The United States should be an integrated society and people of all races inherently equal and entitled to full privileges of citizenship. While we accept these values in the abstract, the reality is that ideals of integration and equality of opportunity still elude us. The problem is: neither Whites nor Blacks are being honest or forthcoming about it.
All Blacks can agree that: America is built on racism. Over the past four centuries, bigotry and racial bias has made it bad to be “Black.” Of all the categories you could be, would you select to be Black with their state of affairs? The economic costs of discrimination against African Americans are many-sided, and interconnected. Overt racist discrimination is significant, but institutional forms of discrimination operate without conscious racist intent.
In any measure of American economic activity Blacks are “the low man on the totem post. Today’s Blacks have allowed an environment where being Black is universally a bad thing. The emergence of groups like Black Lives Matter are based on declaring Whites “at fault” for Blacks’ economic plight. But, any objective view of Blacks’ participation in the economy paints pictures of dysfunction and practices against us.
Instead of self-sufficiency, the goal of many Blacks is integration and absorption into mainstream society. Blacks want to unify with Whites and refuse to do “practical things” that gain economic parity with Whites. The typical Black household has just 6 percent of representative White household’s wealth. Why Blacks don’t “make it rain” where we live is it because of cases of more flash than cash, and that well-off Blacks “don’t live here” anymore. Blacks are lacking in economics.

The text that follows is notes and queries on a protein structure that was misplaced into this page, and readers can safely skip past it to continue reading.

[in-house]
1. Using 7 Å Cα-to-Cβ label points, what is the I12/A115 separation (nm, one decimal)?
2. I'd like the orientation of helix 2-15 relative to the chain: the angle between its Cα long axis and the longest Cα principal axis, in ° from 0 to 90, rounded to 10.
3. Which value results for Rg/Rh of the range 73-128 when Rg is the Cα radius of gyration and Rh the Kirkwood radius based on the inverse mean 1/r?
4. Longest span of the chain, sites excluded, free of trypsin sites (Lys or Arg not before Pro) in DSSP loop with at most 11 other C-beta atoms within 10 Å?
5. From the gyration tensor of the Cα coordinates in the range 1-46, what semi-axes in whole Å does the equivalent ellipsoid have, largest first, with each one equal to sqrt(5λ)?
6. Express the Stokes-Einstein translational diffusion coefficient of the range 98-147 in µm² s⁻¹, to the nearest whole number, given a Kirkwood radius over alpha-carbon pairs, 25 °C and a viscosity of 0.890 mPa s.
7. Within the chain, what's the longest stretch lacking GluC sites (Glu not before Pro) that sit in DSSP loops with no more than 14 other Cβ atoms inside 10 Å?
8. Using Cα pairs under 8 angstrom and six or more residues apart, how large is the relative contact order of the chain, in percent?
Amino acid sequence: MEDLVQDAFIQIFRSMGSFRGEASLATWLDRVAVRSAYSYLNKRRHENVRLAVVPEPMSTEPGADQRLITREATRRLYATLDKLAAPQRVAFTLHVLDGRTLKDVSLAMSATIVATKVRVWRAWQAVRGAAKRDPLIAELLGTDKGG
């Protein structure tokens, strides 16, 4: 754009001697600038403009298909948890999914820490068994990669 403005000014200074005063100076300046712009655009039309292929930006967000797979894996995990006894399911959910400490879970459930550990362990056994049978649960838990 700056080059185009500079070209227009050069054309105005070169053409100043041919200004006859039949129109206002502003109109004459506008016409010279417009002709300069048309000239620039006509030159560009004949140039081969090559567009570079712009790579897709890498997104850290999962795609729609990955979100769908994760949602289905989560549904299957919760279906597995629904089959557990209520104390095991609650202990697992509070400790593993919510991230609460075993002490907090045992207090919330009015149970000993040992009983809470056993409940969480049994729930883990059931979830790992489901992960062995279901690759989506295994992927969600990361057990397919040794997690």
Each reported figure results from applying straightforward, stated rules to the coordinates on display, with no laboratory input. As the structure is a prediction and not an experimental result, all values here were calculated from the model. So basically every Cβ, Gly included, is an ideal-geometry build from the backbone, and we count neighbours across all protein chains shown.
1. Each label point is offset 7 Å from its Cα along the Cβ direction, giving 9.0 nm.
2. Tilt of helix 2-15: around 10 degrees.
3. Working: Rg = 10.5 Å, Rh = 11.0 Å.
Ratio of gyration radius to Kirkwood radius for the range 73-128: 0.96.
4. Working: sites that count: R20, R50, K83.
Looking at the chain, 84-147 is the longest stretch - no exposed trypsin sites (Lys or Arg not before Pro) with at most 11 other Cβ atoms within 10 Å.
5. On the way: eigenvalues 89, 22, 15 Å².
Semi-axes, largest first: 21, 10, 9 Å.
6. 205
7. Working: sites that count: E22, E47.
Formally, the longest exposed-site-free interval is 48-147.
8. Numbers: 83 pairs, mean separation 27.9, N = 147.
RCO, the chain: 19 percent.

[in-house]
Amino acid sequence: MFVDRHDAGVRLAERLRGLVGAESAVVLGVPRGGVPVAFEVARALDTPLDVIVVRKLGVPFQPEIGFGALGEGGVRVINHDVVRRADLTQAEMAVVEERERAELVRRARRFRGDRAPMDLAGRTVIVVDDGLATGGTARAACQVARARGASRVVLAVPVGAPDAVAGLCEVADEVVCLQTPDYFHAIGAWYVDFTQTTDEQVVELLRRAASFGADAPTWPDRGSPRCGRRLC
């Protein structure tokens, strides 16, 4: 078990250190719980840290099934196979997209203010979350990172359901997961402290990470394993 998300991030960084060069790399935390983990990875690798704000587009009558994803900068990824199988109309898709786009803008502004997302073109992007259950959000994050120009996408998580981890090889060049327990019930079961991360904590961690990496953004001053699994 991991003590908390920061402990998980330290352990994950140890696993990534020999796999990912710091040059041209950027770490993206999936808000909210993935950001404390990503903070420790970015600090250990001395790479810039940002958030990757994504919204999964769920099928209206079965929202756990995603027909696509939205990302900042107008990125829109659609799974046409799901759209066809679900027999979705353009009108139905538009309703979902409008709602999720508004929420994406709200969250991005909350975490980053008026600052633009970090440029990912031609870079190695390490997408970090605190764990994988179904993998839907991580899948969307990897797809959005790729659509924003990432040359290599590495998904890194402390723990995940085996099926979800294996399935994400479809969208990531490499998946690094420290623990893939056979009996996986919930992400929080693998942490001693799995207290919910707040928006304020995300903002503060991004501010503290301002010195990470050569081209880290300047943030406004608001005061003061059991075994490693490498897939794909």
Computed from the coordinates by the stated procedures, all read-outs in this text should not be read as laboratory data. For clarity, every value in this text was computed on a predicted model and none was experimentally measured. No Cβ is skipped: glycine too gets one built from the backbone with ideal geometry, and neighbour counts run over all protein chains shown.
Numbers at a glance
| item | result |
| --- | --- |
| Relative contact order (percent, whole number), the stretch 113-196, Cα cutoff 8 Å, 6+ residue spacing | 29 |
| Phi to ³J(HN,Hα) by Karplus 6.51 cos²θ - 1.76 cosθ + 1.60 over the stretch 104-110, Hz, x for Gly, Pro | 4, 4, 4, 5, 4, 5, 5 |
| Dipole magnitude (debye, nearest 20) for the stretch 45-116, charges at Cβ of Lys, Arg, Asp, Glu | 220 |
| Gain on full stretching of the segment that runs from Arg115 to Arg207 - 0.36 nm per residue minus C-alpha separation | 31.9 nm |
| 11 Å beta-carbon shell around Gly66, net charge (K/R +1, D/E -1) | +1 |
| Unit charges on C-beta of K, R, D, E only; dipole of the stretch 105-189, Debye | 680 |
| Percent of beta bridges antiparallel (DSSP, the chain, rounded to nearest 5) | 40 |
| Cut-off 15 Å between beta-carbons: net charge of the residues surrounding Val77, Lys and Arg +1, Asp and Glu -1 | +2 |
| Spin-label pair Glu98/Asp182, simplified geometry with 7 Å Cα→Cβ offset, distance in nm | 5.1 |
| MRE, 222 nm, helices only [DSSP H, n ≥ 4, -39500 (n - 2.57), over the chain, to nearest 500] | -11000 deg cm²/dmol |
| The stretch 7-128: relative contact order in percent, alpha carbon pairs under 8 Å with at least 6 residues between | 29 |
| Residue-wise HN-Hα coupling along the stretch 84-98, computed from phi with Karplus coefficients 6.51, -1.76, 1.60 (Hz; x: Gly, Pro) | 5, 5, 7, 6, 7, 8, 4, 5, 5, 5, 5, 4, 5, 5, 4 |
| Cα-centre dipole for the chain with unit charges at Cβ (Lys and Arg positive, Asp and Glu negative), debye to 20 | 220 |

Across America Whites still control everything. But, that excuse doesn’t hamper Blacks’ ability to create their own opportunities. So what if a Black can’t get a loan from a White banker? Why are there not more Black banks that fill this void? Why doesn’t it fit the Blacks’ economic equation to bank with Black-owned-and-operated financial institutions?
It’s been said: “Blacks have a slow wit and won’t do economics with each other.” Others see us simply as consumers with limited knowledge of commerce or capitalism. Blacks’ compulsive habit of killing each other and material consumption; coupled with inability to build businesses or preserve wealth is usually taken in by the populous as “somebody else’s fault.” Blacks must own who and what we are. Blacks must liberate their minds and take responsibility for our own actions and status. Too many Blacks look to the mainstream media to define what pretty is, or what lifestyle to have, or what people you need to be surrounded by. Why do you believe that all you are good for is to be an “employee”? Why is your vision not as a manufacturer? Too many Blacks wait and want society to see and acknowledge them.
Its our obligation that when you hear Blacks attribute our plight to White domination, counter them with what Malcolm X saying: “nothing is ever the Blackman’s fault.” In general, Blacks fashion success more with gaining acceptance, self worth, and approval from Whites.
Before Blacks can get acceptance in “mainstream economics” we need to straightforwardly answer: Why aren’t there more Black people and firms hiring their own? What are you doing to help transform Blacks’ economic status? The reason Jews are at the top and Blacks are at the bottom of every American economic indicator is stark – only 6 percent of Blacks’ money goes back within our community. Statistics show that in the Jewish community money exchanges hands 18 times before leaving; for Blacks it is a maximum of once.
These days, multiple Black groups and movements are on media petitioning Whites to “save us.” Blacks have the power to heal what ails us. We undercut ourselves with dysfunctional voting, financial and business practices that graphically illustrate that Blacks don’t understand the importance or methods of building wealth. The fundamental rule is to keep money within your group. Blacks go to Whites for acceptance and inclusion, to build businesses and prosperity Blacks must hire and spend among ourselves.
William Reed is publisher of “Who’s Who in Black Corporate America” and available for projects via Busxchng@his.com